The undead of Halloween are now upon us. Among the hordes of data zombies roaming the streets in lab-coats and fishnet stockings, few of us are still scrambling to remove the hexes we have looming over our data.
Altering an Extended Event session is not necessarily a difficult task, but it is a very useful ability. Having this basic skill in your wheelhouse can be very positive and useful for you!
One of the more useful troubleshooting tools (granted when used properly and not with a knee jerk approach) is waits. There are waits in SQL Server that are very specific to Extended Events.
Explore the little function called sys.fn_MSxe_read_event_stream and discover just a little bit more of what Extended Events may be doing behind the scenes with the live data viewer.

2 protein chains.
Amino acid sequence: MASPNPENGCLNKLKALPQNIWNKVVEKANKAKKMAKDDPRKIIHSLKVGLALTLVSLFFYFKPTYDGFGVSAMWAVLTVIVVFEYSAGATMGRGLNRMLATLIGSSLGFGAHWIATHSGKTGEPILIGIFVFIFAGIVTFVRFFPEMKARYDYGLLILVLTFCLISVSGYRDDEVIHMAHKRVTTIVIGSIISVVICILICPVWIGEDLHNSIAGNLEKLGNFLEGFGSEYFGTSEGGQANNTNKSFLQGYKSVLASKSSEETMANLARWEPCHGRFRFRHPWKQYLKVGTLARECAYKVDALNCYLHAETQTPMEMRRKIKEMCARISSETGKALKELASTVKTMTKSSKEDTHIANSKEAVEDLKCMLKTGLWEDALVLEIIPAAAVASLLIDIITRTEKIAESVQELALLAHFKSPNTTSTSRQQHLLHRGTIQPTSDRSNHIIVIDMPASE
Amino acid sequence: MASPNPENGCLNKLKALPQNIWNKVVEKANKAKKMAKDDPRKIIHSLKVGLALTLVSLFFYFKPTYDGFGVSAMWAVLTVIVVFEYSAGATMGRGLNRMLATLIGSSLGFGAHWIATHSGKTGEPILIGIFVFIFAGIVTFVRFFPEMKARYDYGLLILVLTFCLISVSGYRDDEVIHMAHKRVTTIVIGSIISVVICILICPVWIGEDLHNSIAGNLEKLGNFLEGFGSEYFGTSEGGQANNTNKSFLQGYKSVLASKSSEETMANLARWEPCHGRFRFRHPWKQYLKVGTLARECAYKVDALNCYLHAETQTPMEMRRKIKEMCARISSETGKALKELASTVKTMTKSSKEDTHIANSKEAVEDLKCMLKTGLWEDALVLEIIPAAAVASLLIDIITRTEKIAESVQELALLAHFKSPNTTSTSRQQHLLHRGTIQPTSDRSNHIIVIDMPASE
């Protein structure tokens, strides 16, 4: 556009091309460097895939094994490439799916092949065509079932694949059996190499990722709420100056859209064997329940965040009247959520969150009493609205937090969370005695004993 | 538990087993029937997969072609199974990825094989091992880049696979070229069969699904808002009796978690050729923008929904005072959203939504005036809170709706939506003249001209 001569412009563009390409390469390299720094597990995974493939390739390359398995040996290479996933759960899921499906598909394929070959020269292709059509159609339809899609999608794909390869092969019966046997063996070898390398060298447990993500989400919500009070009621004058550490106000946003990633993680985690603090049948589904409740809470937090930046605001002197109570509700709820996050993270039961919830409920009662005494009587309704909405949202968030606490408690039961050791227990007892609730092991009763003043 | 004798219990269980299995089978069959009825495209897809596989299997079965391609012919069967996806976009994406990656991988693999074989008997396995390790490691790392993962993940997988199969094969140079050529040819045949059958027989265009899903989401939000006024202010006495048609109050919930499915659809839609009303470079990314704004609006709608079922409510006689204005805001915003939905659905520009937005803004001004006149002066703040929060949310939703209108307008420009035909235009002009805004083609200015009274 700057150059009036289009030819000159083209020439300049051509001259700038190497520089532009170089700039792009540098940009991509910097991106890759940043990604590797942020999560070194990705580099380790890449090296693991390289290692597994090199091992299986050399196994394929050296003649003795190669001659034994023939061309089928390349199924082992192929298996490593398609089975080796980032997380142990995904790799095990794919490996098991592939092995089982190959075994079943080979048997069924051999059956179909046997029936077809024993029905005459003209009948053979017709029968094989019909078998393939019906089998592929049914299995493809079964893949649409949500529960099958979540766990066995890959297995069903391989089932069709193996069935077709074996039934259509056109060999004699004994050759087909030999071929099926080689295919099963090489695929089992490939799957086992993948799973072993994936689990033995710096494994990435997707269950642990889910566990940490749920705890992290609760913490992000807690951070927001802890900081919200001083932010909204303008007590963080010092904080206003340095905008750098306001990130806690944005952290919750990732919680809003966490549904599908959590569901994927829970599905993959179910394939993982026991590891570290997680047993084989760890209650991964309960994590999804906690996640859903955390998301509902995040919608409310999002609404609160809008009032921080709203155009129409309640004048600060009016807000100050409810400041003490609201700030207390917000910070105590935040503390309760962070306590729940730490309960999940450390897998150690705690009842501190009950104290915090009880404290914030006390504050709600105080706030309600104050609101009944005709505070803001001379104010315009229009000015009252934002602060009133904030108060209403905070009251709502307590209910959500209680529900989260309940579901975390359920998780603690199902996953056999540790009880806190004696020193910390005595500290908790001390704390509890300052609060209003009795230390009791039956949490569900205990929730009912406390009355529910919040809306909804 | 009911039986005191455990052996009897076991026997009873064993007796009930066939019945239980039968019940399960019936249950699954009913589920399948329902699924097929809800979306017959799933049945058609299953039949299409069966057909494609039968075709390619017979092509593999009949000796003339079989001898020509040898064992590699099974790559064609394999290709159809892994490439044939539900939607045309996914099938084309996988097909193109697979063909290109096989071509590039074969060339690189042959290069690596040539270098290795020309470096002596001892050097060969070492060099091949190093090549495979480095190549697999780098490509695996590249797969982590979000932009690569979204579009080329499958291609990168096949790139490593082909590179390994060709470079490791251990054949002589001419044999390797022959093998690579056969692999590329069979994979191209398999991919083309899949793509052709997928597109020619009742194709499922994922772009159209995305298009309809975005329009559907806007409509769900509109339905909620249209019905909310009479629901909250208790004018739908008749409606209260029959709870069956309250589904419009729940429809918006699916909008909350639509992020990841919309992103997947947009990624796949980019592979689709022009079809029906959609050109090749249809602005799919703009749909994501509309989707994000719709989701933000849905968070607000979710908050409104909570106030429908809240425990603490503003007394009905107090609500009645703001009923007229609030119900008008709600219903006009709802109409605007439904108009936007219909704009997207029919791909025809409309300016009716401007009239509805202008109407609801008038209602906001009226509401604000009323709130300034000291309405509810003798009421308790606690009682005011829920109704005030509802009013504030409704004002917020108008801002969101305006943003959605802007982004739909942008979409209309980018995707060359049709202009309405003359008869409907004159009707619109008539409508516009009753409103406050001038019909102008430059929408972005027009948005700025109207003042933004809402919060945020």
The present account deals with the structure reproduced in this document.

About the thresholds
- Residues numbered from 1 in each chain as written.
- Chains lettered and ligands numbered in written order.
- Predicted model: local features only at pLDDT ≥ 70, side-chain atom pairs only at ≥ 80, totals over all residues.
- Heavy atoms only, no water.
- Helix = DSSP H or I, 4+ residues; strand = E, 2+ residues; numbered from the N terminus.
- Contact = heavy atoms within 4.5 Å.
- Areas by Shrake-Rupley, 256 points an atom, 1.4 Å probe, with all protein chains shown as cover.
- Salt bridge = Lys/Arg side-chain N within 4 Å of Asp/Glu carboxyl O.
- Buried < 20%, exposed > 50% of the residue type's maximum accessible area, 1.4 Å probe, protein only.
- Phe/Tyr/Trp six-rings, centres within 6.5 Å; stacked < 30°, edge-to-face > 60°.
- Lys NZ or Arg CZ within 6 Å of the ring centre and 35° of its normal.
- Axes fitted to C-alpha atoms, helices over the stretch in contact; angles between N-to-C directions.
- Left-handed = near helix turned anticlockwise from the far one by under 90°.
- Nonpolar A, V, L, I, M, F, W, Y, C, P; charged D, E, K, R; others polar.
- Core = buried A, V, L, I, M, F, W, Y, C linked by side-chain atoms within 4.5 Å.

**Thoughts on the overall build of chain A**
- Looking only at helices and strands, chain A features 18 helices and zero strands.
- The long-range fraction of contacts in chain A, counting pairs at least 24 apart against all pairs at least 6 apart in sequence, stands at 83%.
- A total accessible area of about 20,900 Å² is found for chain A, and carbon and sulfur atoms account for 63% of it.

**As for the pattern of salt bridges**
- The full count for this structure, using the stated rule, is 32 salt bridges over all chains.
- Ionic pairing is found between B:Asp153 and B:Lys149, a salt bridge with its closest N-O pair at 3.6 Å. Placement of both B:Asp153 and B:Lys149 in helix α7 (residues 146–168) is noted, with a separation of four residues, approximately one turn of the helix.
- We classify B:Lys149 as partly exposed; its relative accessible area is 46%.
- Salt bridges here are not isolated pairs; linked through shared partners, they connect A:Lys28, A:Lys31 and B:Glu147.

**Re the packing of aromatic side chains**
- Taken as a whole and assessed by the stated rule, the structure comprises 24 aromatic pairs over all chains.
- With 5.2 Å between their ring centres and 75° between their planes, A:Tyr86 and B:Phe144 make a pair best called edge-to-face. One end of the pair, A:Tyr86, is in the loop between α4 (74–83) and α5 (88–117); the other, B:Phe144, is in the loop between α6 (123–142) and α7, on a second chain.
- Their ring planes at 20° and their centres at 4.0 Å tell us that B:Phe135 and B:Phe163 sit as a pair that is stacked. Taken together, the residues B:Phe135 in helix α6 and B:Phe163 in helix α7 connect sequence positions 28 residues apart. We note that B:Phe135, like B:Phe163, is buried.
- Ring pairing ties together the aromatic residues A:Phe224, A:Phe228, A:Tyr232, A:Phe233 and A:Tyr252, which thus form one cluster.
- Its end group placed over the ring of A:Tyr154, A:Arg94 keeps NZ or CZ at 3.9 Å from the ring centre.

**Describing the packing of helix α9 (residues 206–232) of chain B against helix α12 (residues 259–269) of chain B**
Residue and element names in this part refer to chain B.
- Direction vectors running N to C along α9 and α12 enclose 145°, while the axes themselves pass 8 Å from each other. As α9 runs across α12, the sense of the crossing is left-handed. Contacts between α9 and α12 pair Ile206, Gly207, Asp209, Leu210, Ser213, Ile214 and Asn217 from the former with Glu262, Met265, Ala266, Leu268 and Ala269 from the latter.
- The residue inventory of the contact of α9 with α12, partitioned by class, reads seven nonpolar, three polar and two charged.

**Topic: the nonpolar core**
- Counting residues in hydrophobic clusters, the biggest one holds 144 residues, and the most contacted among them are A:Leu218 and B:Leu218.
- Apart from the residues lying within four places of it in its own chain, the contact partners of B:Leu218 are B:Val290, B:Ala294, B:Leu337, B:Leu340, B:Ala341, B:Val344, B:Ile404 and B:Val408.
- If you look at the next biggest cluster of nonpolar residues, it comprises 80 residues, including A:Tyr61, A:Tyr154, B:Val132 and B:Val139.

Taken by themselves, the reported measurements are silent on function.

I have a few gems that are available to you in the GUI. These gems should help solidify your understanding of the tools available through the GUI to help work with Extended Events
Explore how to customize the view of the GUI for working with XEvent Log files or XEL files. This further customization does include working with filters.
Explore how to configure the XEvents GUI with specific views to suit your needs and tastes for data display by adding, removing or changing the column orders.
While working with Extended Events, or with any sort of logging or tracing utility, it becomes critical to consume the data from disparate sources or even to consume the data from a source server on a different server.
With the proximity to Halloween, it’s not hard (knowing me) to figure out why I originally decided to terminate this series on the Eve of Halloween day. Join me as I share some treats and a trick to use with Extended Events.
Really, at this point what is there that hasn’t been done about the ghosts? Well, if you are well tuned to these apparitions, you may have received the urge to explore them with Extended Events – sometimes called XE for short.